(Populations that eat a lot of fat, especially diary fat, have high rate of MS while fishing communities seem immune to the disorder)
Dr. Roy Laver Swank, M.D., of the Oregon Health Science University, Oregon, documented in the Lancet in 1990 the success of his low-fat MS diet by tracking 144 MS patients for 34 years. Patients taking under 20 grams a day of saturated fat had much less deterioration and lower death rates. The most dramatic benefits are in those who started the low-fat diet before disability set in, where 95% lived for 30 years without disabilities. All those who did not go on the diet went downhill and most died within 20 years.
No red meat the first year. After that, no more than 3 ounces of red meat a week, the leanest possible.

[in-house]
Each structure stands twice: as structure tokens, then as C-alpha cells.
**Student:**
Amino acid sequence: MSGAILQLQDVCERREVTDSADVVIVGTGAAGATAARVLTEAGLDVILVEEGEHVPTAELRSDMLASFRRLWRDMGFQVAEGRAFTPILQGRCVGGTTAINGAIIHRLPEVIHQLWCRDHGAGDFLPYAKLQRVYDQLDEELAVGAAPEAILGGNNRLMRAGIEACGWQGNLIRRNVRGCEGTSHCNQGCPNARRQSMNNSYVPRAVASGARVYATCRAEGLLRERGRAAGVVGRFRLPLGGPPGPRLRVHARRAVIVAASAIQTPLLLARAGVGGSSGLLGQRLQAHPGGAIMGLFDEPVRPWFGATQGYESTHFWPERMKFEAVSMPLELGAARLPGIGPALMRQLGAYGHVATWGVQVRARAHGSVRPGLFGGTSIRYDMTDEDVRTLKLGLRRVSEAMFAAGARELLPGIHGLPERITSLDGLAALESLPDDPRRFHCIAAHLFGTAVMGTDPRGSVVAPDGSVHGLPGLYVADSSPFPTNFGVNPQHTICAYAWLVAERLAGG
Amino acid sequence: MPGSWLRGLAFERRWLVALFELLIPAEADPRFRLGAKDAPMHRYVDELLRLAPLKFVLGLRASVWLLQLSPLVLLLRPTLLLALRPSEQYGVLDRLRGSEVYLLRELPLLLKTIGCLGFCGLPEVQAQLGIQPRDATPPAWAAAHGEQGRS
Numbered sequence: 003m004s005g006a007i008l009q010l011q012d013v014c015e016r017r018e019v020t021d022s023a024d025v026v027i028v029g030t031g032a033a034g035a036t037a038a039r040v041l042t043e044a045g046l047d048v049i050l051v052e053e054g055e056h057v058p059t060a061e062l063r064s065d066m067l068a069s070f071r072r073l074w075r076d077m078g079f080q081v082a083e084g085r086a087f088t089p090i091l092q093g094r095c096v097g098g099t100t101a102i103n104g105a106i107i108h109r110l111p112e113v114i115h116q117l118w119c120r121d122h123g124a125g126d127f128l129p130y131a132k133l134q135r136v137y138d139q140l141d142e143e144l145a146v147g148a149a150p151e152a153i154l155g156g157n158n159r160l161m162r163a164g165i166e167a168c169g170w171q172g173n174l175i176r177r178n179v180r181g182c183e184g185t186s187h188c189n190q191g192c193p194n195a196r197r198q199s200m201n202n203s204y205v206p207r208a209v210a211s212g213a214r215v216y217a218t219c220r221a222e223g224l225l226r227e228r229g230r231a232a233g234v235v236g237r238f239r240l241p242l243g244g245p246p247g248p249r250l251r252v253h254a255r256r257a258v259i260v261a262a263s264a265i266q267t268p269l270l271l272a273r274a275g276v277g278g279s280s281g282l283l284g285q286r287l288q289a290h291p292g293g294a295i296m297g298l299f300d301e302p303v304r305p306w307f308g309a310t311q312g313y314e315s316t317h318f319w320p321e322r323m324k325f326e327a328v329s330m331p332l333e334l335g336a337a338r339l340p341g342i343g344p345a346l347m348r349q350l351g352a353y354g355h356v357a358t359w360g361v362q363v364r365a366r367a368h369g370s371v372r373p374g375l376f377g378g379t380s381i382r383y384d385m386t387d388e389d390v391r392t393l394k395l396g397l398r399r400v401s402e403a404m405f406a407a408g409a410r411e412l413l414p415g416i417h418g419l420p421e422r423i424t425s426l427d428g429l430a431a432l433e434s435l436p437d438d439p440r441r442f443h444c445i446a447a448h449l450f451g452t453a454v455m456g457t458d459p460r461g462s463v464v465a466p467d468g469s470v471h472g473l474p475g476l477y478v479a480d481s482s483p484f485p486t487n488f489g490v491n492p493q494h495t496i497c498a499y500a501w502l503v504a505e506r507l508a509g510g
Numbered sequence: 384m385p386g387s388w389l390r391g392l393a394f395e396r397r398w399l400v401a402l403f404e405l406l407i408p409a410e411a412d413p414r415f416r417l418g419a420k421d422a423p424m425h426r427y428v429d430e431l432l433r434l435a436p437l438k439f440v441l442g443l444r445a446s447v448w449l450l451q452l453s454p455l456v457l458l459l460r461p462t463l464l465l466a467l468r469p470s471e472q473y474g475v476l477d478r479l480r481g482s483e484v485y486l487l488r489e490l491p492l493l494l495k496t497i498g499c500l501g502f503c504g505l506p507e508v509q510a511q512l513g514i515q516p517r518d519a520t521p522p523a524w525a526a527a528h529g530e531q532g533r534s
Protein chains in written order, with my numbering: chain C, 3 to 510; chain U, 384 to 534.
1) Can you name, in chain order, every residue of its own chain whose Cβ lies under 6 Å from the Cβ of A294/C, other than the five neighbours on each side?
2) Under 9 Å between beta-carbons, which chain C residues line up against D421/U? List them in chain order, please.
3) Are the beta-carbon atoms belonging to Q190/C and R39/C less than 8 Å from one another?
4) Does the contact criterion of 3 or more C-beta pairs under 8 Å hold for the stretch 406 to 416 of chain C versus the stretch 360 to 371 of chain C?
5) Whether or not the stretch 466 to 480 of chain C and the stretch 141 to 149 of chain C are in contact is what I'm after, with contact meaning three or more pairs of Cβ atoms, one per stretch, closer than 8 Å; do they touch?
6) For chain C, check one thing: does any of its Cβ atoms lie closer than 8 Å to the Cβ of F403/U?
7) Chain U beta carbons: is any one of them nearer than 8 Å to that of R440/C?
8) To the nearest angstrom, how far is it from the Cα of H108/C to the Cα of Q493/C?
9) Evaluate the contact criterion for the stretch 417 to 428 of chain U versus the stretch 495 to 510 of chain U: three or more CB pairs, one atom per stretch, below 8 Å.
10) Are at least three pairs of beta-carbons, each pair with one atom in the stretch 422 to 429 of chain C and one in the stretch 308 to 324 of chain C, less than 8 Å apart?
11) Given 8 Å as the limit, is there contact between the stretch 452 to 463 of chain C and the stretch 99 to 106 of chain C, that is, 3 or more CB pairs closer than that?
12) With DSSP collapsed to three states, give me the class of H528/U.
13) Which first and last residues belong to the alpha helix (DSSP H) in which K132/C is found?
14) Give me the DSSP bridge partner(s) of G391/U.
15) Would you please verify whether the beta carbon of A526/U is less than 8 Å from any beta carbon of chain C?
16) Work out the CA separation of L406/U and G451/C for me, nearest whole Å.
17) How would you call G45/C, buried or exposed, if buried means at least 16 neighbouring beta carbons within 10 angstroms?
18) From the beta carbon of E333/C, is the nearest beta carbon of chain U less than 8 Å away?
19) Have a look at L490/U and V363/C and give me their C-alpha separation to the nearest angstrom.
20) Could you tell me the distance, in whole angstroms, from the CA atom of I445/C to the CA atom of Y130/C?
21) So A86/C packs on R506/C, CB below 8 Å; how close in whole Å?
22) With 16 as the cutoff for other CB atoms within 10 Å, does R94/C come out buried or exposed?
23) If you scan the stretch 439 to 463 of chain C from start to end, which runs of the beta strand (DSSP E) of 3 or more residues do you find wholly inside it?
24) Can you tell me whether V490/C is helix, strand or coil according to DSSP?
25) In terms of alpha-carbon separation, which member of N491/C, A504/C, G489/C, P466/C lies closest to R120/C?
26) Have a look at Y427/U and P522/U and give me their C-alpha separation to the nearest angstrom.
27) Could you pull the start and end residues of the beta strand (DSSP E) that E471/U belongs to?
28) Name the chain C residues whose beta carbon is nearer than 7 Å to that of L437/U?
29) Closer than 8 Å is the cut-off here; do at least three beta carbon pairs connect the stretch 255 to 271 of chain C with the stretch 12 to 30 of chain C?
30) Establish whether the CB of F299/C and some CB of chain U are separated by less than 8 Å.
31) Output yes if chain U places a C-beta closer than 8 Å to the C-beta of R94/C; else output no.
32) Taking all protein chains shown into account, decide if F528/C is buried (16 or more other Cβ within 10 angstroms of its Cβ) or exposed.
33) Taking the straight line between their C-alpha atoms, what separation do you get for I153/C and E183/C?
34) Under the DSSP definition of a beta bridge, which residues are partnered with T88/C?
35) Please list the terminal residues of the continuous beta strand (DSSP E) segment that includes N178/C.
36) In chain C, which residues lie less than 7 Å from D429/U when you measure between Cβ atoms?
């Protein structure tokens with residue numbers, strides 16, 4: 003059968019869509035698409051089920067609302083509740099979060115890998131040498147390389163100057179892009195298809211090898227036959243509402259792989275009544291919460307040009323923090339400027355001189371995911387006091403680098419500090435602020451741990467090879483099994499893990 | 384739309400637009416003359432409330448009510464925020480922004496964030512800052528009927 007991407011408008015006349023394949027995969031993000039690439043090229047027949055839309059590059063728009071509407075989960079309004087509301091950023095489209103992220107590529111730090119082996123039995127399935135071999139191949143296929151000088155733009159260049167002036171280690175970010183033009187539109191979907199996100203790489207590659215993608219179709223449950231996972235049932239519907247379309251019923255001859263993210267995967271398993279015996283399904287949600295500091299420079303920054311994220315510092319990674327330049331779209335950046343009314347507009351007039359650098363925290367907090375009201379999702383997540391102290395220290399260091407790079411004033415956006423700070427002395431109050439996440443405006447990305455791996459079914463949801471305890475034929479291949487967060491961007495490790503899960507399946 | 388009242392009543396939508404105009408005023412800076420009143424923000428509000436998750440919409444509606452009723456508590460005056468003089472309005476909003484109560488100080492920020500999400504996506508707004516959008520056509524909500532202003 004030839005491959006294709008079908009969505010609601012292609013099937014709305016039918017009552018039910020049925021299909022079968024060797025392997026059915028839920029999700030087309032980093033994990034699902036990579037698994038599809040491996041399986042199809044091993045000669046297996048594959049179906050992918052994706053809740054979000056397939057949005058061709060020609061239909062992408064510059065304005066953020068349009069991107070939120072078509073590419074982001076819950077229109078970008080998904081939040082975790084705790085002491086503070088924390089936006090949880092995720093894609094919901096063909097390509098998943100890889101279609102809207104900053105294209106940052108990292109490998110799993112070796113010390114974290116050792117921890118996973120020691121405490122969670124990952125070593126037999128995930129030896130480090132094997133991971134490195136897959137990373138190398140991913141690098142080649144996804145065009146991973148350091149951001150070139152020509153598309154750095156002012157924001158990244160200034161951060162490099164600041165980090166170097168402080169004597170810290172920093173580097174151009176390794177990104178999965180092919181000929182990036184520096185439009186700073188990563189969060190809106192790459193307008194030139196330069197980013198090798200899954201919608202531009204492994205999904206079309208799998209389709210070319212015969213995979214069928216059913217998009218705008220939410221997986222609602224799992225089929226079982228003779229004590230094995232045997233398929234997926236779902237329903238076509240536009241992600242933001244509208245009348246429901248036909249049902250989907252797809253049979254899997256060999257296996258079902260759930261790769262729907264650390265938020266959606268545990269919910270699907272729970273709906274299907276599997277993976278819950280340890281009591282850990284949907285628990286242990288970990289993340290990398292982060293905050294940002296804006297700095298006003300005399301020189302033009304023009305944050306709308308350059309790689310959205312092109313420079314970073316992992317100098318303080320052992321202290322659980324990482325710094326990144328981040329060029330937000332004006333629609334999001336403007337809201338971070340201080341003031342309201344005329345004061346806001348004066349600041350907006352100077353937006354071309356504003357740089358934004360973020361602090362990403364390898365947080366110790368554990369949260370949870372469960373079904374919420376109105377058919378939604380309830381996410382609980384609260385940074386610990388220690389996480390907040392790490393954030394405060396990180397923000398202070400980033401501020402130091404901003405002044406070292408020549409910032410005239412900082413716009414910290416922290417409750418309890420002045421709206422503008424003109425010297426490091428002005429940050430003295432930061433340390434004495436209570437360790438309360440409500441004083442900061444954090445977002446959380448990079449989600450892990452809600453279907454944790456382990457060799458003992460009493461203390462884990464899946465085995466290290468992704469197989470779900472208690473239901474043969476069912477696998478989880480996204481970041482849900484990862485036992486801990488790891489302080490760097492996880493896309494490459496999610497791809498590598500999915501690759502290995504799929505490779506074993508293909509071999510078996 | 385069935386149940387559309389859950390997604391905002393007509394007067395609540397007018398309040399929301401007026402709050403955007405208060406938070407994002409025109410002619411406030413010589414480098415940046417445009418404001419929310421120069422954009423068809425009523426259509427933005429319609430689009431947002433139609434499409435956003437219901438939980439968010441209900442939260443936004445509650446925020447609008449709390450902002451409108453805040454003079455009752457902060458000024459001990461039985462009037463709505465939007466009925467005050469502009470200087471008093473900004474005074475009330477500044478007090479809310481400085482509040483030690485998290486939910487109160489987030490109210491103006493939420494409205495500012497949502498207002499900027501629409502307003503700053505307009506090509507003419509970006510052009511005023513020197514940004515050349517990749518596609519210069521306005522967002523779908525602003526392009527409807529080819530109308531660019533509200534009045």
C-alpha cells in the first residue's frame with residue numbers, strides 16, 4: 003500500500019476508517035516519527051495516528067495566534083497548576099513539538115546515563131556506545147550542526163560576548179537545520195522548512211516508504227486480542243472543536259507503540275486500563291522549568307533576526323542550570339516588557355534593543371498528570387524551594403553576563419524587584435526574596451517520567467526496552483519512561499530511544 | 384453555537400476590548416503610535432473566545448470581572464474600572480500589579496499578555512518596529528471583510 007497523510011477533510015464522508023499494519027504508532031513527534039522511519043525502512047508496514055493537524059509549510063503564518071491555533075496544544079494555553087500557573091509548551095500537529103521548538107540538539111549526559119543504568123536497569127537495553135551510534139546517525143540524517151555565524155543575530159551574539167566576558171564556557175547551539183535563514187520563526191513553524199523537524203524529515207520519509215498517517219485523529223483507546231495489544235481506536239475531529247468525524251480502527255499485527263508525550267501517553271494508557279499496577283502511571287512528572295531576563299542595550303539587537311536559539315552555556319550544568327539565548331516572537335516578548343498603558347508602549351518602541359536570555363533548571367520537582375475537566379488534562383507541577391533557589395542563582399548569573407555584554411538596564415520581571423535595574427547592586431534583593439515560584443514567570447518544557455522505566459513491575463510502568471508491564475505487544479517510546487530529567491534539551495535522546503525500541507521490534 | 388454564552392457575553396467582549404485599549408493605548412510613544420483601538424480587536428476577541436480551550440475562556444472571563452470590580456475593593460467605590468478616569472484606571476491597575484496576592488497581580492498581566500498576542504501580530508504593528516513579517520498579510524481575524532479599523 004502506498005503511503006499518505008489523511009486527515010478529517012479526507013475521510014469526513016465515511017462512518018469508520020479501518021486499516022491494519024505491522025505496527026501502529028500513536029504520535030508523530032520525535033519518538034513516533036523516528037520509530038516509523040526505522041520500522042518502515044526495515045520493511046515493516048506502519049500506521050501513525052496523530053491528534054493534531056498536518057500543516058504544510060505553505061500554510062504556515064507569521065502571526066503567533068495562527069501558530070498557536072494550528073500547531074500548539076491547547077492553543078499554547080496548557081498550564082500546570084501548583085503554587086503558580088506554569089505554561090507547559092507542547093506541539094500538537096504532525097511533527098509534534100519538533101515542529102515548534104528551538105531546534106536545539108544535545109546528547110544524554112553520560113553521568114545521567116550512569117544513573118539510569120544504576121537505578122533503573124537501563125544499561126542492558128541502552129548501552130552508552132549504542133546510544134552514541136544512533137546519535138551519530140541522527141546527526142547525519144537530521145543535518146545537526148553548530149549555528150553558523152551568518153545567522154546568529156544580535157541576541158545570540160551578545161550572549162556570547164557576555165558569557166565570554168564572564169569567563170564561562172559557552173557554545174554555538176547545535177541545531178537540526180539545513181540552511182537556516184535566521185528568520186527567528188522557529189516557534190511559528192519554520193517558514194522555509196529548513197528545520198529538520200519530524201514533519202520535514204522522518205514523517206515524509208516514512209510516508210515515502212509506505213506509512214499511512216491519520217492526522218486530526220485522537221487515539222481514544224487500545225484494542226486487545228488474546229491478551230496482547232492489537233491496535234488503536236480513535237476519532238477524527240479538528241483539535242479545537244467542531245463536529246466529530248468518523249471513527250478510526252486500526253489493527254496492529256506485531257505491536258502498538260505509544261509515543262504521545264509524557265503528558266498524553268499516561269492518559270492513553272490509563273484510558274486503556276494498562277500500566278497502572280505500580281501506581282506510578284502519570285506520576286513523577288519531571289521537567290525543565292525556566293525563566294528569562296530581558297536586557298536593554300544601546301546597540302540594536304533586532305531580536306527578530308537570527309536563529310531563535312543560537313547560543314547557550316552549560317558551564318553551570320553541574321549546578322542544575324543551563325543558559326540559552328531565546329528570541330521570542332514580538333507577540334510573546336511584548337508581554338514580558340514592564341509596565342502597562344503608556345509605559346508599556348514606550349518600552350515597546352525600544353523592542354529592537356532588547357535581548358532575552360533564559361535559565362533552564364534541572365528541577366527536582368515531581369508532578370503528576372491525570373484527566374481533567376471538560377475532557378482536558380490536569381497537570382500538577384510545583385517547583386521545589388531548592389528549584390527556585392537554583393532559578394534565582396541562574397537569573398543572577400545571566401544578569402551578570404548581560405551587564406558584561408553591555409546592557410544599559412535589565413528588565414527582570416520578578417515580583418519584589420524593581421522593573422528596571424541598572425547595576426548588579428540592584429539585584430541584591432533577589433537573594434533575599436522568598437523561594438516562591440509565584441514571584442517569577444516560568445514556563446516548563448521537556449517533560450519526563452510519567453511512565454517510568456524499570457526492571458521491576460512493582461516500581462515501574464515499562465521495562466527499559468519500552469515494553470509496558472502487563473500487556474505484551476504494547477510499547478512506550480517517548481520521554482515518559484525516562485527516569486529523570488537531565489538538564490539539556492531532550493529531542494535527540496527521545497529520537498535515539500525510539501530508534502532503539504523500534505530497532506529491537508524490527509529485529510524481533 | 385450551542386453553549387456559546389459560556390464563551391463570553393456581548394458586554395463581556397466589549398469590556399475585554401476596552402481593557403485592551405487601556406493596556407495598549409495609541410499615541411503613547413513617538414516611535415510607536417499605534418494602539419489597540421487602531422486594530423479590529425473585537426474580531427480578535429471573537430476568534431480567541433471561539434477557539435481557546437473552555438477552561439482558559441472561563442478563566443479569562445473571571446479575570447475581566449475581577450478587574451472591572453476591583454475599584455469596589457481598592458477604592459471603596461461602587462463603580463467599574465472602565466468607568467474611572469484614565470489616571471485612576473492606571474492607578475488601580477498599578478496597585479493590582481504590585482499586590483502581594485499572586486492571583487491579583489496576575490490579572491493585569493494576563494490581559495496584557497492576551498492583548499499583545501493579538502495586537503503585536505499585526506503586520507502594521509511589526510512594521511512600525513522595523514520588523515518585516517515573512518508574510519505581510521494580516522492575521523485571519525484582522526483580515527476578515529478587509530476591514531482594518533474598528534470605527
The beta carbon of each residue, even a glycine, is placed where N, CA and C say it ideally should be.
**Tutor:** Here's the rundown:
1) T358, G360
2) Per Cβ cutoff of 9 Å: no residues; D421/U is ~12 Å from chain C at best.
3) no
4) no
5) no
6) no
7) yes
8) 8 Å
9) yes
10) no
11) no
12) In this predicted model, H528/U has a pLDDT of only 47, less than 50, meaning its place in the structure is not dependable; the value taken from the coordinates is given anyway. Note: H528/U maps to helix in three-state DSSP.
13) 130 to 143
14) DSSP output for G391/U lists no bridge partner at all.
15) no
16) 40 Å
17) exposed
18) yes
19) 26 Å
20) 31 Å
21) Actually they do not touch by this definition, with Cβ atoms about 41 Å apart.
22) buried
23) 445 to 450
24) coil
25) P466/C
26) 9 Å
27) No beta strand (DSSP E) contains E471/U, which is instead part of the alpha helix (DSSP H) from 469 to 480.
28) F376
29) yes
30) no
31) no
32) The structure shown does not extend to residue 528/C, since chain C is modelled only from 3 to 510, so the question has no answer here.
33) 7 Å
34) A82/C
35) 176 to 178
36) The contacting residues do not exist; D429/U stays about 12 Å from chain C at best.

No diary products with 1% or more butterfat. You can eat any amount of nonfat milk, skim milk, buttermilk, evaporated skim milk, nonfat dry milk powder, rinsed low-fat cottage cheese, dry curd cottage cheese, 99% fat-free cheeses, nonfat yogurt.
No processed foods with saturated fat.
Not more than 15 grams of 3 teaspoons of saturated fat per day. One cup of whole milk contains 5 grams of saturated fat, one tablespoon of butter, 7 grams, and an ounce of cream cheese or cheddar cheese, 6 grams.
A minimum of 4 teaspoons and a maximum of 10 teaspoons per day of unsaturated fat, such as sunflower seed oil, corn oil, cottonseed oil, soybean oil, sesame oil, wheat germ oil, linseed oil, peanut oil and olive oil.
1 teaspoon of cod liver oil daily, as well as fish a couple of times a week, or an average ounce of seafood a day.